14. Yesterday
  15. MaryJanes2ndLastDance

    Covers of Tom Petty songs

    All Or Nothing, give 'em a view. https://www.youtube.com/watch?v=deKkka5qPo0
  16. MaryJanes2ndLastDance

    The Extended Jam Extravaganza Thread

    I go back and forth on the original song sometimes I like it other times I don't but I do enjoy this live version, what an unexpected treat for people at those shows. I think it also goes for whatever reason, a lot of their own deep catalog was left alone, sure some nice ones were pulled out during that run of shows but again, why play a cover from Tom's other band instead of their own material? However, they did play it and it's quite a nice moody piece live. The band excelled at these midtempo groove songs, particularly live. My impression is while the band always had a long number or two in concert, the number of songs they extended and the degree to which they did went up considerably with the ITGWO tour and with Wildflowers on and were more prone to jam on their own numbers a bit more than covers. cheers
  17. I read a Frank Black interview where to paraphrase he noted that if he told someone exactly how to play a part they'd either a) agree and play it the way they were anyway b)get frustrated at not being able to do what he wanted specifically and play it their way anyway I think he also said that as long as they could play he was more interested in the personality of the person in the band then their specific skill level; is this someone he could picture hanging out with for great amounts of time etc. So...when you've been in band situations do you give specific instructions to a player or have received the same? Do you think it's better to just accept how they play and incorporate that into the music? Tying this into TPATH, I wonder how much of this did Stan's head in a bit in the studio, expecting him to do something a certain exact way instead of letting him do his own version of that? Also, I think I read somewhere that during the recording of Last Dance With Mary Jane they wanted him to do a different style and he went ahead and did what he thought was best and well...history speaks for itself! Thoughts on any of the above?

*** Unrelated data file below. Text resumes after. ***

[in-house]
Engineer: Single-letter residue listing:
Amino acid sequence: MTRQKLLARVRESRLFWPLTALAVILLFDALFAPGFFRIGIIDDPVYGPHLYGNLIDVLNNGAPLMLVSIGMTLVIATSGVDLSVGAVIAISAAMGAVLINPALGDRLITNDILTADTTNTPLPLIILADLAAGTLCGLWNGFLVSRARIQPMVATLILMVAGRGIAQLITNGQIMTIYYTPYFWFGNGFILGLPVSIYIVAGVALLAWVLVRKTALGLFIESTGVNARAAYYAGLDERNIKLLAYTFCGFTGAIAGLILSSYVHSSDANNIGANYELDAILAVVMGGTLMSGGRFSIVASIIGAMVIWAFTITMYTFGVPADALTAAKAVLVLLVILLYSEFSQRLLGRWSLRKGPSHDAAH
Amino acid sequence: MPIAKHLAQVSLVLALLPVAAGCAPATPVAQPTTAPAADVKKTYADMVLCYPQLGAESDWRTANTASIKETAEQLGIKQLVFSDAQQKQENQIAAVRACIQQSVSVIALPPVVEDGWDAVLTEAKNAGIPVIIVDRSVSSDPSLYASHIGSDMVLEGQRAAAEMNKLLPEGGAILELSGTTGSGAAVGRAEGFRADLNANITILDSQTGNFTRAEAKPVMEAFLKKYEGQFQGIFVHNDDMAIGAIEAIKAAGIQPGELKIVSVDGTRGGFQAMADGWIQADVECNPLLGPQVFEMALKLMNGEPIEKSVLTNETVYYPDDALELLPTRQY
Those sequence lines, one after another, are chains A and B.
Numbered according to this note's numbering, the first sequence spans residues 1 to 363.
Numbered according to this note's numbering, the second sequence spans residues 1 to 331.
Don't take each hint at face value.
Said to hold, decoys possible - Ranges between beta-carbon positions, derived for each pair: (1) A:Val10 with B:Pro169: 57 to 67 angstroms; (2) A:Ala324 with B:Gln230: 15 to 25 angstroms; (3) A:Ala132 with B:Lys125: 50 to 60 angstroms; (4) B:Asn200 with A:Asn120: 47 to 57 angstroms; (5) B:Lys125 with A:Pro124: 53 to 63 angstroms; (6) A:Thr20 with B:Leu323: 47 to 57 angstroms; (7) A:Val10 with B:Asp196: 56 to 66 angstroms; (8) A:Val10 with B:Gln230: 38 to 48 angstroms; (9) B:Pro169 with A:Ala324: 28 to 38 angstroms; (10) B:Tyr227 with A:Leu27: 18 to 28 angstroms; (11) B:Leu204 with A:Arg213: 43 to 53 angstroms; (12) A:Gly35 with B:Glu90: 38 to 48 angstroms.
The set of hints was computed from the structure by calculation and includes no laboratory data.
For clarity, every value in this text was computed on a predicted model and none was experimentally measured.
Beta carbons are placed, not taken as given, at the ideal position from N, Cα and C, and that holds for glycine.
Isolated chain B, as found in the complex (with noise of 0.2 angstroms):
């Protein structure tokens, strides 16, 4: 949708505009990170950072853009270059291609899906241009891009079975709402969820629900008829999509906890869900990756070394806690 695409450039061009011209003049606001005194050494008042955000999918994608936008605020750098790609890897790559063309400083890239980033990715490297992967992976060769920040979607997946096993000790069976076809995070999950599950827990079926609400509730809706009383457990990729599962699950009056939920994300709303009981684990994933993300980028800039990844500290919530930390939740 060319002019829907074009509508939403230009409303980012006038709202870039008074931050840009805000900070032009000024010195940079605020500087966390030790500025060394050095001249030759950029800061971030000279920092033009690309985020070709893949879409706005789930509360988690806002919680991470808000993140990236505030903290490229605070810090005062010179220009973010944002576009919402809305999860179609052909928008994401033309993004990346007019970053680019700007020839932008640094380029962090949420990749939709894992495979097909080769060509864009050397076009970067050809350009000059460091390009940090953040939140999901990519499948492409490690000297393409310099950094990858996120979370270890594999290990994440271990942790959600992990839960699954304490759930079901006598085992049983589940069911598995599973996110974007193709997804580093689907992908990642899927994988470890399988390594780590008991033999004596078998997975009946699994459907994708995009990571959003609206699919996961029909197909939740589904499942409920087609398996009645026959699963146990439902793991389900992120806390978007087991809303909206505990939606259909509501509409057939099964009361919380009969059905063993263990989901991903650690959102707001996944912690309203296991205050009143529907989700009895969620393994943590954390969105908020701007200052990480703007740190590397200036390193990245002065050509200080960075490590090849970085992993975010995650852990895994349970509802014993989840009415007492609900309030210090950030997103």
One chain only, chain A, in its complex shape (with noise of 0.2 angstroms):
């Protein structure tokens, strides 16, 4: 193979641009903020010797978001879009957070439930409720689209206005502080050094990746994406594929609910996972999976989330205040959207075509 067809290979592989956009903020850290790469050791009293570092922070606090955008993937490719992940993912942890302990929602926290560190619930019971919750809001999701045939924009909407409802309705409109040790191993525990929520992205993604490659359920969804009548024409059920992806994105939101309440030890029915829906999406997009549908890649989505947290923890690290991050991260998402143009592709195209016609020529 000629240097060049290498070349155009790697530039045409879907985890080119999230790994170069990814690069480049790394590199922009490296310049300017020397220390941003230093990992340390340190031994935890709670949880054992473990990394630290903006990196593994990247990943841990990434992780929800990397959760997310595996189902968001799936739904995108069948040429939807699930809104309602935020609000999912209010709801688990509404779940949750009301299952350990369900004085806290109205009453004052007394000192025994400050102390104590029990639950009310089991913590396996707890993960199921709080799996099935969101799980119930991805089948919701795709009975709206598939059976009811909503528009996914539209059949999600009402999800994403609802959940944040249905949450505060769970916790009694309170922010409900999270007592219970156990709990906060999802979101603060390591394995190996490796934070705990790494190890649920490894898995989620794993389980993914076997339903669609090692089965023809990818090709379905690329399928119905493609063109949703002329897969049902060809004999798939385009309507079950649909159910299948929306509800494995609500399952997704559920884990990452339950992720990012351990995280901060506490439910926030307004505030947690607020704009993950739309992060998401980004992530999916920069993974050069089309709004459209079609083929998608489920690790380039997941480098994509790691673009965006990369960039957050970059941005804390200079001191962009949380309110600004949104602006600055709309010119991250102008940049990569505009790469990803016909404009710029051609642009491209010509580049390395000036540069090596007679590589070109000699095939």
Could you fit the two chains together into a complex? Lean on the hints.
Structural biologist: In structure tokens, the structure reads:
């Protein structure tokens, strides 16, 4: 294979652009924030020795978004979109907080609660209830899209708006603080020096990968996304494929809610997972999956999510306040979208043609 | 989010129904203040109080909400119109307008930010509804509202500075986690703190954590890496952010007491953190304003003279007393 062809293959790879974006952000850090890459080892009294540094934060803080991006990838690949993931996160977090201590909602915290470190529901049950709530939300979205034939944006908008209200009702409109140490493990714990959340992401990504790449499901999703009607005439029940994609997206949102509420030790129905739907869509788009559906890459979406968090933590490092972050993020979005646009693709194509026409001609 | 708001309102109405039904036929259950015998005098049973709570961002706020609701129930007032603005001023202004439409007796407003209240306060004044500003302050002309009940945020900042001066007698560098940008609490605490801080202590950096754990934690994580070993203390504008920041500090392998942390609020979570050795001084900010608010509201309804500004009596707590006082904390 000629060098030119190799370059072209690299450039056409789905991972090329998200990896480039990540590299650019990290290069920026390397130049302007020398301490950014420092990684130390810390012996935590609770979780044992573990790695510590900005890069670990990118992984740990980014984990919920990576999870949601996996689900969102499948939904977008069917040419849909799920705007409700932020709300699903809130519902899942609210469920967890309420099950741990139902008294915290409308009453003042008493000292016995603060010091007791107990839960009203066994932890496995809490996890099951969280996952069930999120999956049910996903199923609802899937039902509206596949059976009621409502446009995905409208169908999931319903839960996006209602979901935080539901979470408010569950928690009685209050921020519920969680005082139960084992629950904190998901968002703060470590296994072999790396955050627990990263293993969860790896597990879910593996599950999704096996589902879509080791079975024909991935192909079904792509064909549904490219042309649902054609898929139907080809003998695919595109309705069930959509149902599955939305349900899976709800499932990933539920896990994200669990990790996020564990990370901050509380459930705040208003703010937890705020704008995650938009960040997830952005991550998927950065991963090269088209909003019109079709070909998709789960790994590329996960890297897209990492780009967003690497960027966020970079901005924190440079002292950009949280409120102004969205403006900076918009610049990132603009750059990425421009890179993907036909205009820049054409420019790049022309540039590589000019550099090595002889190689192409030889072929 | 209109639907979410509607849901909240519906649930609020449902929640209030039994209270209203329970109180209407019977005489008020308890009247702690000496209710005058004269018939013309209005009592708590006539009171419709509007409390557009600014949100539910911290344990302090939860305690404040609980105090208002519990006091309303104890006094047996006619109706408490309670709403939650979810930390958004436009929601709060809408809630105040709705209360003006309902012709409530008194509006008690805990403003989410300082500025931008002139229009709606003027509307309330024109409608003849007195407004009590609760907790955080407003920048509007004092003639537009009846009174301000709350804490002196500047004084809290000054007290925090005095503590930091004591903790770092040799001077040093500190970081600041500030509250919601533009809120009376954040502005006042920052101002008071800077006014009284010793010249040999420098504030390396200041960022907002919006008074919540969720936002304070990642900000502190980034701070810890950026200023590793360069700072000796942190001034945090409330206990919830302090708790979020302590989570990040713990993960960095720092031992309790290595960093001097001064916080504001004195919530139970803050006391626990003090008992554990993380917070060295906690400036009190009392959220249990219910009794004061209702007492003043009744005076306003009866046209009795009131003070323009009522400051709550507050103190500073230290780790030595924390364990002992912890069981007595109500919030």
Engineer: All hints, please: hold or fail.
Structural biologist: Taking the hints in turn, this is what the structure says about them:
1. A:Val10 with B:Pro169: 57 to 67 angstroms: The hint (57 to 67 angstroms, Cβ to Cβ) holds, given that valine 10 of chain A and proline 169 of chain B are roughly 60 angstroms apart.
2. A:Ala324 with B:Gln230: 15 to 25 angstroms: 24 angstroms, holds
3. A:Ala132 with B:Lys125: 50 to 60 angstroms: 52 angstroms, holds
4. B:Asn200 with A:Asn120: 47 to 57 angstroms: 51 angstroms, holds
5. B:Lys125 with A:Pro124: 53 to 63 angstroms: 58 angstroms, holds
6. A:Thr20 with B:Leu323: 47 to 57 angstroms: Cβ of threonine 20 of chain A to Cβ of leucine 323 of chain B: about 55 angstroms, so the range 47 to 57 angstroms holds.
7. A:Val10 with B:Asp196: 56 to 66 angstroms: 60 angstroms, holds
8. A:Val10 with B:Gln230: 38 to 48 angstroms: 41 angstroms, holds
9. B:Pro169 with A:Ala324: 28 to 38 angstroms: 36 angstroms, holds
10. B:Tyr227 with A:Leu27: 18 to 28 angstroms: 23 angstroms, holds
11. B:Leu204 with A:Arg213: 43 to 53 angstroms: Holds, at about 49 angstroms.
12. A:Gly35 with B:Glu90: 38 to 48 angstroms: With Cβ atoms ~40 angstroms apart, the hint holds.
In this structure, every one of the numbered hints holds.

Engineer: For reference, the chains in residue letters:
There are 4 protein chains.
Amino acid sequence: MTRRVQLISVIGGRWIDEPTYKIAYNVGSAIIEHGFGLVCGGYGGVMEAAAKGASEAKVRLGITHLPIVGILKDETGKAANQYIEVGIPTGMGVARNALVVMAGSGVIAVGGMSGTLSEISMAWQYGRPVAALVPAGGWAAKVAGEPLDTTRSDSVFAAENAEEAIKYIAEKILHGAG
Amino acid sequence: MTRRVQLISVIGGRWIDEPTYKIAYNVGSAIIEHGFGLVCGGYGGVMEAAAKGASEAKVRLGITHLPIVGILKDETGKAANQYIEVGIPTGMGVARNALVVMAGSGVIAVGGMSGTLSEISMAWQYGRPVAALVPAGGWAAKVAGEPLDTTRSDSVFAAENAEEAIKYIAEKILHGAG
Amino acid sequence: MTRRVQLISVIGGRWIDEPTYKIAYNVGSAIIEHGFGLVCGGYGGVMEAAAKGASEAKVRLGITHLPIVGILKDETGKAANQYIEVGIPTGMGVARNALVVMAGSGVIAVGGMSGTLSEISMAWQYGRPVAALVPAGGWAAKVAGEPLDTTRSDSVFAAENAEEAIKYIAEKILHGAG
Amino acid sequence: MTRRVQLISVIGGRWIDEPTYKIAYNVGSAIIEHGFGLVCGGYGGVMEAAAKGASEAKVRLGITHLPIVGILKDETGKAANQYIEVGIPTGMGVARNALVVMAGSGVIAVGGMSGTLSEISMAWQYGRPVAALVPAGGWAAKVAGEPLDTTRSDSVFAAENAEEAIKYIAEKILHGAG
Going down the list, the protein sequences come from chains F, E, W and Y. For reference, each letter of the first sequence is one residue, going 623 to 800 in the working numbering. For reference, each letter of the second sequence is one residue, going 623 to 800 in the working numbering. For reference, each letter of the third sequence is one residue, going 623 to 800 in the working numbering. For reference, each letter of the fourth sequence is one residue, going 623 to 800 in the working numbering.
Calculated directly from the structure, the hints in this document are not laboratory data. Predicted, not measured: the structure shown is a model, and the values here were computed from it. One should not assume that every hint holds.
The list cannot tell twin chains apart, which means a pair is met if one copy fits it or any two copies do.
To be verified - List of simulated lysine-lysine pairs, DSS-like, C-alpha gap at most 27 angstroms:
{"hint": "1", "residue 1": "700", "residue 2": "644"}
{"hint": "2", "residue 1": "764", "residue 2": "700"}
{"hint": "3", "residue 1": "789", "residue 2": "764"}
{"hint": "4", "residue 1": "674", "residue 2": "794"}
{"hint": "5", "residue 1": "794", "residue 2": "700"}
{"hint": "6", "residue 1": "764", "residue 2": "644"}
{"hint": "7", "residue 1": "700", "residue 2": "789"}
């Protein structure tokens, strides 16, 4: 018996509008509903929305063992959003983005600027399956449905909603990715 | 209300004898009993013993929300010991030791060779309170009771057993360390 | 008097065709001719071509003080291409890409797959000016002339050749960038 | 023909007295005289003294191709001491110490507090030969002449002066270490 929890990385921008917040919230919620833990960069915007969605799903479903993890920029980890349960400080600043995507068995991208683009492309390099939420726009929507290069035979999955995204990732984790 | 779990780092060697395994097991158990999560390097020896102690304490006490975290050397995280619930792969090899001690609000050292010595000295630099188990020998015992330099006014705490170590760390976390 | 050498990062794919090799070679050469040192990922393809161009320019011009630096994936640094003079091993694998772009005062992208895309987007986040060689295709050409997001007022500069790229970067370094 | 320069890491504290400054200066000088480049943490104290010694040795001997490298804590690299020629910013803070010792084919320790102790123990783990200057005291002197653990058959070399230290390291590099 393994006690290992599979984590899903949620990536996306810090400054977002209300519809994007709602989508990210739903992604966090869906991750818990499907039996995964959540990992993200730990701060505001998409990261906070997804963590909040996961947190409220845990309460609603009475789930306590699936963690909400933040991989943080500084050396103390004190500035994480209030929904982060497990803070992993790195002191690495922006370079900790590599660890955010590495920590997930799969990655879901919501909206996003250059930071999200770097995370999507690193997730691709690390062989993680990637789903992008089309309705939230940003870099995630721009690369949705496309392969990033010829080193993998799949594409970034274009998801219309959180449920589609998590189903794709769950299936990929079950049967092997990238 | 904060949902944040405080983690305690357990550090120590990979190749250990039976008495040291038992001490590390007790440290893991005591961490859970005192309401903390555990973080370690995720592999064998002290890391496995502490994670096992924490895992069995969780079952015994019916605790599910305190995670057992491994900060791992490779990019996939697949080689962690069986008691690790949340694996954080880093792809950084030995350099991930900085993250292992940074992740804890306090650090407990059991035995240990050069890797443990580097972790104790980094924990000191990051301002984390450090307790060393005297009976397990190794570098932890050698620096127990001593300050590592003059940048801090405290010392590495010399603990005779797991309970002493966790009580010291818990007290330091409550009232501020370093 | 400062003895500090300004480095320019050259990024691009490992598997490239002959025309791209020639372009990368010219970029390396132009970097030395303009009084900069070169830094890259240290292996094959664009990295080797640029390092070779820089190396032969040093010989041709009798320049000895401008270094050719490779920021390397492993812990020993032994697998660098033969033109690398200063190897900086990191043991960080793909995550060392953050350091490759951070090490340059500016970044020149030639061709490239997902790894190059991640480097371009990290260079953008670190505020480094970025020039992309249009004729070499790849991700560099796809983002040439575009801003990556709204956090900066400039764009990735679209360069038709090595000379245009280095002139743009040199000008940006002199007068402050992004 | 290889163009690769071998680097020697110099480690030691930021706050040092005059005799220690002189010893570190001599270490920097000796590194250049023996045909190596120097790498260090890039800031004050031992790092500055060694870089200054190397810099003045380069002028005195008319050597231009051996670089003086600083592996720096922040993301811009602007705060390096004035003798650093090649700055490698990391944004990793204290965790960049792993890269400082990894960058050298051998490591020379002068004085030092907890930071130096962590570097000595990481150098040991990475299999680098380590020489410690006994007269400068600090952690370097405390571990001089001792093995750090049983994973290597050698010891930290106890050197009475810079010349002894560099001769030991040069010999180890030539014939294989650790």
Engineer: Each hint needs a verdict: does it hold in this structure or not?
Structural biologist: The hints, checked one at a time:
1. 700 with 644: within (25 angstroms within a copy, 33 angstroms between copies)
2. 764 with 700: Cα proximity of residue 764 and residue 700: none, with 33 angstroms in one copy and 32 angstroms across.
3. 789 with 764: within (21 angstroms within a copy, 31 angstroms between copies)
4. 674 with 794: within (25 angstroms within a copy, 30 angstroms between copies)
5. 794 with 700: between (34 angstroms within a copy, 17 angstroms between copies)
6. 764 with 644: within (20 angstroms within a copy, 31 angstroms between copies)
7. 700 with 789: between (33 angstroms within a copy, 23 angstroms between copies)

18. Big Blue Sky

    Photo of the Day Part III